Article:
Dorset Family Law

To have a Trust or just to trust, that is the question…

Making a Will can be a daunting process, but for many – especially those with blended families – it is an opportunity to provide peace of mind.

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Forming a new relationship can provide a dilemma for those considering their legacy. How do you provide for your current partner and your children from a previous relationship? Wills are automatically revoked by marriage. Without a valid Will in force, the rules of intestacy dictate that your current spouse or civil partner (CP) take your personal possessions and the first £270,000 of your assets. Half the balance passes to your spouse/CP and the other half to your children in equal shares. If you are not married, there is no automatic provision for your partner.

What you can do

Doing nothing is not the best solution. Do you both make Wills leaving all your assets to each other initially and then to your respective children in specified shares? This is the simple option, but will there be a breakdown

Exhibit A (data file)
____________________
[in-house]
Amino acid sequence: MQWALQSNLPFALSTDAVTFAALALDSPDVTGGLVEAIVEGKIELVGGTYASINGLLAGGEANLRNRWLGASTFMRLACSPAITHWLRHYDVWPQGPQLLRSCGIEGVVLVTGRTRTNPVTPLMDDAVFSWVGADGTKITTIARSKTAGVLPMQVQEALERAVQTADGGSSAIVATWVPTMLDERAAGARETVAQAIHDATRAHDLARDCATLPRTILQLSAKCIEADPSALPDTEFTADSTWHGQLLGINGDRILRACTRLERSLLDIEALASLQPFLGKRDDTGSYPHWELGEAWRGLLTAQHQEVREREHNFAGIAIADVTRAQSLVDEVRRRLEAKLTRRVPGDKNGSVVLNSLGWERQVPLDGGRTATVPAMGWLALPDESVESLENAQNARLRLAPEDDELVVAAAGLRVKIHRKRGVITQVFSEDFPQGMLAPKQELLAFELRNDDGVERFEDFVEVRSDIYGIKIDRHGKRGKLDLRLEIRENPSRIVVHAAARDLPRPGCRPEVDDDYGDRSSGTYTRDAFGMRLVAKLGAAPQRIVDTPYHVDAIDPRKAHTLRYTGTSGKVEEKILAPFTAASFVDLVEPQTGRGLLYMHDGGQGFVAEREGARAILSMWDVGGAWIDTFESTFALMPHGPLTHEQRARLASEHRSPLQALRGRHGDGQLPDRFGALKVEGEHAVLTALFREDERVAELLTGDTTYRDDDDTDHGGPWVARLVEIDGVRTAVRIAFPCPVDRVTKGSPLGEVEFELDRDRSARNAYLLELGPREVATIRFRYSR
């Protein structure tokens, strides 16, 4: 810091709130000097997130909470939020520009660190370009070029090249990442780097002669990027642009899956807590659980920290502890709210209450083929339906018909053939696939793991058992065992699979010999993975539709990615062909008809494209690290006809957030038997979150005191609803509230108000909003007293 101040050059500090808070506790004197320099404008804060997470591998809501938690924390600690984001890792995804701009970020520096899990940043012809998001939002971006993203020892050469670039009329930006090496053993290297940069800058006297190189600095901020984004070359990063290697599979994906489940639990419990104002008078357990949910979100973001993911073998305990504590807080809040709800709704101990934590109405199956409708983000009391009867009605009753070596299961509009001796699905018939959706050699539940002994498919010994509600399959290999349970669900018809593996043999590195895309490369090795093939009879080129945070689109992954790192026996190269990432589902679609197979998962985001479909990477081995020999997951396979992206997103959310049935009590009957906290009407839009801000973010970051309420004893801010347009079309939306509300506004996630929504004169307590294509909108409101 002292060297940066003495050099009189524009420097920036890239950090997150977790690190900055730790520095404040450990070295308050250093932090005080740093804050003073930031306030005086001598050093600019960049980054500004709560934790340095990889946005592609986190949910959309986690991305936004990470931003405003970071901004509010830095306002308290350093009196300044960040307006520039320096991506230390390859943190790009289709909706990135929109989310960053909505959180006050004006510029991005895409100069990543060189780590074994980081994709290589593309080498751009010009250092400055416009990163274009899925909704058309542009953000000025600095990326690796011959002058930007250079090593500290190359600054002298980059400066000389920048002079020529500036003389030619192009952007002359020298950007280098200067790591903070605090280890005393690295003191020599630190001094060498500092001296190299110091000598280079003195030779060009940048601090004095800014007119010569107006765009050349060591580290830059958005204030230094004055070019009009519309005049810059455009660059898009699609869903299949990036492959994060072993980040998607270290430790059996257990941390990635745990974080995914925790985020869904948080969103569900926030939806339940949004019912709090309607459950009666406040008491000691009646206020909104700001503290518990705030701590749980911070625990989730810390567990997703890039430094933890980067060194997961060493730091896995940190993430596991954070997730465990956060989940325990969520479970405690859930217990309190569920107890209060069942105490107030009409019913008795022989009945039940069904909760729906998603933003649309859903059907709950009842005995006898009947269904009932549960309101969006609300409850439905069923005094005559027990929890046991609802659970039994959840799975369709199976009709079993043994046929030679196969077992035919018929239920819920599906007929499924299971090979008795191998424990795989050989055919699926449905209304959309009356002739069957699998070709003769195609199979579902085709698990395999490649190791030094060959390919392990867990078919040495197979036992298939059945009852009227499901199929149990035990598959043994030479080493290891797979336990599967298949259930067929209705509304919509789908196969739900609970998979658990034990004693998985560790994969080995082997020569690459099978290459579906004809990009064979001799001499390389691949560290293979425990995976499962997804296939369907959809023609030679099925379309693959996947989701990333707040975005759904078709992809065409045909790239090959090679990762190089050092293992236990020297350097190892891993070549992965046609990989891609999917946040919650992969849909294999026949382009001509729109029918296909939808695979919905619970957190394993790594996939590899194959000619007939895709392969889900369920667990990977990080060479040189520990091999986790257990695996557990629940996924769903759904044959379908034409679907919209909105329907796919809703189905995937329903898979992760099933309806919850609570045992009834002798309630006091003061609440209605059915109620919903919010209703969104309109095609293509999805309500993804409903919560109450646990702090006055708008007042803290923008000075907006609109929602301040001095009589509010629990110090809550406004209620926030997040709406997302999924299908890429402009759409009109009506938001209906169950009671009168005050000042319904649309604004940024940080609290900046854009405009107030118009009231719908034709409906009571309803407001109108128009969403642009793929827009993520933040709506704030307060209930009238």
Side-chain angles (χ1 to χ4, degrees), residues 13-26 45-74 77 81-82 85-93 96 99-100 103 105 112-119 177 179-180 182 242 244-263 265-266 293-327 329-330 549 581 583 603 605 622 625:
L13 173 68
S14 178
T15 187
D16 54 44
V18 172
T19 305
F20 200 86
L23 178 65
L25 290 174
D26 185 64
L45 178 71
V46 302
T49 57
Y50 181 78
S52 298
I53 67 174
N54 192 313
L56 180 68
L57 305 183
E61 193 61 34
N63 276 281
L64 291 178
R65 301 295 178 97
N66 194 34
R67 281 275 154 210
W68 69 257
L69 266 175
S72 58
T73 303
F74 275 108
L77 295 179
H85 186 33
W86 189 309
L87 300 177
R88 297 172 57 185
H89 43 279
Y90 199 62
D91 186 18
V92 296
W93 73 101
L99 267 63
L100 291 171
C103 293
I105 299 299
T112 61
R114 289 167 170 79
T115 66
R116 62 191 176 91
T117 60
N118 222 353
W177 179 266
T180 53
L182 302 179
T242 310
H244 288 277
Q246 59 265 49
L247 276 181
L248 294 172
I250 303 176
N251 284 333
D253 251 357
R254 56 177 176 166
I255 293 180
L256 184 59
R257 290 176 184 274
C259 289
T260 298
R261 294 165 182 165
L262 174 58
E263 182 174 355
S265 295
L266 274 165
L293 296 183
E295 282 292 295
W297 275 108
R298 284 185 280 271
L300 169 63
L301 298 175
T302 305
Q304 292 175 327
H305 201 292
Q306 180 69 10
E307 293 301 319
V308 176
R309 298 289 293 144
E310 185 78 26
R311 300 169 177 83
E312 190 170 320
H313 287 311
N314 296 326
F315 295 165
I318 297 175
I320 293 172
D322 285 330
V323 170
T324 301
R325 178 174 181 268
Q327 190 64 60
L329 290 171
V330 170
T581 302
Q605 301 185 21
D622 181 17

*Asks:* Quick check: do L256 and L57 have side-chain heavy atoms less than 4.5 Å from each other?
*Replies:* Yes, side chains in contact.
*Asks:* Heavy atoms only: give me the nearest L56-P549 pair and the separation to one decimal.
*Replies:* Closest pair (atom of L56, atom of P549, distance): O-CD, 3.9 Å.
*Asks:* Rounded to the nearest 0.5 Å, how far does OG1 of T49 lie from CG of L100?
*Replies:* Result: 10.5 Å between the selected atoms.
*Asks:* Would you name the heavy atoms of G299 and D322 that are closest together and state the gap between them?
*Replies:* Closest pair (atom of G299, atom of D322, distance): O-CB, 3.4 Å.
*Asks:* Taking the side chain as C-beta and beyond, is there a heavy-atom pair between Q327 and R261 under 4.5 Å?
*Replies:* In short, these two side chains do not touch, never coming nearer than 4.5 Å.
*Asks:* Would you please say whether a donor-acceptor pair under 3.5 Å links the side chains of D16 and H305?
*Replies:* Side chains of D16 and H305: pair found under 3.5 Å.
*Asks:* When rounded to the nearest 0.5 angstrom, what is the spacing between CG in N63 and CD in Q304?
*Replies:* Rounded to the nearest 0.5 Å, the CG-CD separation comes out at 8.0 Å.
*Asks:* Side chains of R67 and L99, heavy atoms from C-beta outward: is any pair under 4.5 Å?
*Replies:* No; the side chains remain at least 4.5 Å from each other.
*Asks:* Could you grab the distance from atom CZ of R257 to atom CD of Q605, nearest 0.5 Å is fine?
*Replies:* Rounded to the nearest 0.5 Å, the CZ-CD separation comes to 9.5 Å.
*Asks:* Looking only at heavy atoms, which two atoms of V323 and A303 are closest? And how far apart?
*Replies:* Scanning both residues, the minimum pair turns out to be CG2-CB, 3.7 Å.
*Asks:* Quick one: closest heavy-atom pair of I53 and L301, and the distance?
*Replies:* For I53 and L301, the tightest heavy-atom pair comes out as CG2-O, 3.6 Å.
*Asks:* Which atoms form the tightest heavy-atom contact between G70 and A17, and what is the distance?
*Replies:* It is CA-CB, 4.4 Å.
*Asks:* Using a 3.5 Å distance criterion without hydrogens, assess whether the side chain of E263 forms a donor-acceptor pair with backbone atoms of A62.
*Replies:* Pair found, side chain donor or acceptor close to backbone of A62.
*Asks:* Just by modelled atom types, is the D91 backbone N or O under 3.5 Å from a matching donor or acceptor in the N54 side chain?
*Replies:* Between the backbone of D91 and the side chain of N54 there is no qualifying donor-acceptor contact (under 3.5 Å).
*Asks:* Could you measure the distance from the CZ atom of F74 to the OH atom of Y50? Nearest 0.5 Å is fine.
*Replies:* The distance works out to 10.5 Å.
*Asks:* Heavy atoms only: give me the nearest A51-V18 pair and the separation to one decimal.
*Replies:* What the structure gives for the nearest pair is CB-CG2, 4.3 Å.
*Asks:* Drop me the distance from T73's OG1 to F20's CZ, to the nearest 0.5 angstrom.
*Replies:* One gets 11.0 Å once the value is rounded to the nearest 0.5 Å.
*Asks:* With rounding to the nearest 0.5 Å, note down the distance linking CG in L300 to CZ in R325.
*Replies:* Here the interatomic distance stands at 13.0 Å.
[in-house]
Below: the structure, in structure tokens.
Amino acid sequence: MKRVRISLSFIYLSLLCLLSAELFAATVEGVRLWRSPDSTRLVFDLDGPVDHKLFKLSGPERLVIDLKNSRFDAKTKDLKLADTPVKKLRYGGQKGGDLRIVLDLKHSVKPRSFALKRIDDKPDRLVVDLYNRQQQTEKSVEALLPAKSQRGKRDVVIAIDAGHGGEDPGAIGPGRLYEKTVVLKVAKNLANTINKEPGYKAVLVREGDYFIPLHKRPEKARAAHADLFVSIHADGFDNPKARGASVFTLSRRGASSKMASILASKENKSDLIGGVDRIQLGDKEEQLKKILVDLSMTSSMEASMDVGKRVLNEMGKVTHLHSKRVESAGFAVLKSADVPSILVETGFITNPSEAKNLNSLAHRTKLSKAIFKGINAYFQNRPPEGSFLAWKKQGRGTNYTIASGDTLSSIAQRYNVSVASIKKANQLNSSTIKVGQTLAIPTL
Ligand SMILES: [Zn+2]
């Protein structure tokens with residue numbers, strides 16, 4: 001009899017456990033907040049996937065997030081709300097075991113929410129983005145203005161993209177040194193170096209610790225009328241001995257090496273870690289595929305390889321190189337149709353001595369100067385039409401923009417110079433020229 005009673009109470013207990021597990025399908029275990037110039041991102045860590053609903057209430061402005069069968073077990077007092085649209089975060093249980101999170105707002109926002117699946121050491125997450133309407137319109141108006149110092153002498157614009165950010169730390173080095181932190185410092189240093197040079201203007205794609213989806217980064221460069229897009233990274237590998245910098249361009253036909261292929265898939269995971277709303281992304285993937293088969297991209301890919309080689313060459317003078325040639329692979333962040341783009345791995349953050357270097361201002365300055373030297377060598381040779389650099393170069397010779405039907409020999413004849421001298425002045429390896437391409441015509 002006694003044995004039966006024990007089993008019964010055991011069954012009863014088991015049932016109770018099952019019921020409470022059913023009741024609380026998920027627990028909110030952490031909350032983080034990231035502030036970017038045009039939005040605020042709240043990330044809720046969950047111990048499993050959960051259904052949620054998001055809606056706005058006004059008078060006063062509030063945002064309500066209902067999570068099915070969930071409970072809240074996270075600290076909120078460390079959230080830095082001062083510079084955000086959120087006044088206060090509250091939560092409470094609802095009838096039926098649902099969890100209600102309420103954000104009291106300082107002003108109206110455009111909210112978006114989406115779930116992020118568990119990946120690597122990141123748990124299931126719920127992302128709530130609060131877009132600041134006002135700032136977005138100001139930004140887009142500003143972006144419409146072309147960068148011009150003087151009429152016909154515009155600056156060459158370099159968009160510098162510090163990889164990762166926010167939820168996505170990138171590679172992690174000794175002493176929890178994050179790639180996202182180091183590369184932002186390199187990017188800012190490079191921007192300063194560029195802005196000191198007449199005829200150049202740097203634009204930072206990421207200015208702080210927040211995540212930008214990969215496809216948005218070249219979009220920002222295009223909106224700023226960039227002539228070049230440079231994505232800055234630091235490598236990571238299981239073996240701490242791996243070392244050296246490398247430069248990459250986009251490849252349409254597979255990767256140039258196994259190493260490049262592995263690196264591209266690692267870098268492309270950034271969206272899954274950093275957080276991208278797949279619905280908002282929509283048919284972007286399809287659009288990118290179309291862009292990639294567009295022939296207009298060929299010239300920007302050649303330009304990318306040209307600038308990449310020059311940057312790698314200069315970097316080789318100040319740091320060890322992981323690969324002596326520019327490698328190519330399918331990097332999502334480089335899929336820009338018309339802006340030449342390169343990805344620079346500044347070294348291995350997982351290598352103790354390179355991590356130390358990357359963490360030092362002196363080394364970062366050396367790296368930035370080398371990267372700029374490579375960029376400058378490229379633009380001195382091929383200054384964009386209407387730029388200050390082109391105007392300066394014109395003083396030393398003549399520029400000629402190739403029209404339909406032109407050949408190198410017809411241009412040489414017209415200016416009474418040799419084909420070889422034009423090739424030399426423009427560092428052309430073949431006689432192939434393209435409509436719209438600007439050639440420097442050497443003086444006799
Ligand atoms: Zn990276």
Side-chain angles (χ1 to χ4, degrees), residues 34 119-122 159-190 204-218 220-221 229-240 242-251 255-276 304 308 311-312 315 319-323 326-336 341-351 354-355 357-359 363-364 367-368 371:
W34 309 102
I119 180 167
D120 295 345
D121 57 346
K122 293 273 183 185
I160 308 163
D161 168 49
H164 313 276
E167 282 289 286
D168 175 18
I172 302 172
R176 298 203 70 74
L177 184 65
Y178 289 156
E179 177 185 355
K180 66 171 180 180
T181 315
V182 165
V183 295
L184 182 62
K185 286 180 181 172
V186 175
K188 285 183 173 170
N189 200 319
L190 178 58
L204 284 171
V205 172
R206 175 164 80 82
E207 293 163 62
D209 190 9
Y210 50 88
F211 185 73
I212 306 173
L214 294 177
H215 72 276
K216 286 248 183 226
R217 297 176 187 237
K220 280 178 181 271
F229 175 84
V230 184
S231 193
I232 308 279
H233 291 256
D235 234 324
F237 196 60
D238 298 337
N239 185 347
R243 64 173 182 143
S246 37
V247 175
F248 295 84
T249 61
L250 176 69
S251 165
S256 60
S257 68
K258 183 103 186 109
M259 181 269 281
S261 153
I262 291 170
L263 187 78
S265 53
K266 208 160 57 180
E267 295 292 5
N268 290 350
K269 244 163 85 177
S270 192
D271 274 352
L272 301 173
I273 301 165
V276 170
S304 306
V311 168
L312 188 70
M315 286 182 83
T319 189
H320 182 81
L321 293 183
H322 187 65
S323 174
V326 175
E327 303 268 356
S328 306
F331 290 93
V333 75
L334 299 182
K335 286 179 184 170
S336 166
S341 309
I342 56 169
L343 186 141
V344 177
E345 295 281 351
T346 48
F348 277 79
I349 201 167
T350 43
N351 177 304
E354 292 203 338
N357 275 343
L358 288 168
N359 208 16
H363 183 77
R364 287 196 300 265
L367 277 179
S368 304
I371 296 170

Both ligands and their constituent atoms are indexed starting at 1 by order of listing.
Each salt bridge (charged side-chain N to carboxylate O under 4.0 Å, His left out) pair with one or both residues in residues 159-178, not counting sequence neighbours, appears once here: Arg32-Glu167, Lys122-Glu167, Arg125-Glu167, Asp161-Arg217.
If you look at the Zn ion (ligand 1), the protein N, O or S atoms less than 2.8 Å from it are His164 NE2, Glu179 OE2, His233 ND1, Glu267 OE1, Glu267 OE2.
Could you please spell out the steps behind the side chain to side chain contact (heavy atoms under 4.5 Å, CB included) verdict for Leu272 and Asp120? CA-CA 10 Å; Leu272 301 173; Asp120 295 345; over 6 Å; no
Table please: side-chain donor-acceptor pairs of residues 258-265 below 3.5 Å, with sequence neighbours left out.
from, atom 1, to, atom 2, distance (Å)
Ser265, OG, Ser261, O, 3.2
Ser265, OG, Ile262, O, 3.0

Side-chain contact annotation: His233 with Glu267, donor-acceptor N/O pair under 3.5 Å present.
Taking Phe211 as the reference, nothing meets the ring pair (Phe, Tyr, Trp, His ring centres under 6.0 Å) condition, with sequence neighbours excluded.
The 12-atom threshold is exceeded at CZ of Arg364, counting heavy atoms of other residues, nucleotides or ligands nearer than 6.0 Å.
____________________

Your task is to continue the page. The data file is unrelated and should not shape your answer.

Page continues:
in relationships? Do you trust

one another to continue to provide for your children? Will your partner make a new Will and disinherit your children? Will your partner re-marry which will revoke their Will anyway? Stepchildren do not benefit under intestacy. Will your partner have mental capacity to make a new Will? Having a Life Interest Trust in your Will enables you to give your partner a right to enjoy an interest in your estate. This could be an interest in all your assets which pass via your Will, or just some of them, such as your home. The Trust can come to an end when your partner dies or if they remarry, or in other stated circumstances. When the Trust ends, your Will says what happens to the assets held in trust. These can simply pass to your children, of course, but the precise arrangements can be fine-tuned to suit your individual circumstances.

We have the experience to advise and to consider inheritance tax implications, as these scenarios can be complex. Everyone’s situation is different, and though it’s not always an easy conversation to have it is so important to plan ahead.

For more information, please contact Lucy Horsington, Solicitor lucy.horsington@porterdodson.co.uk or 01935 811136

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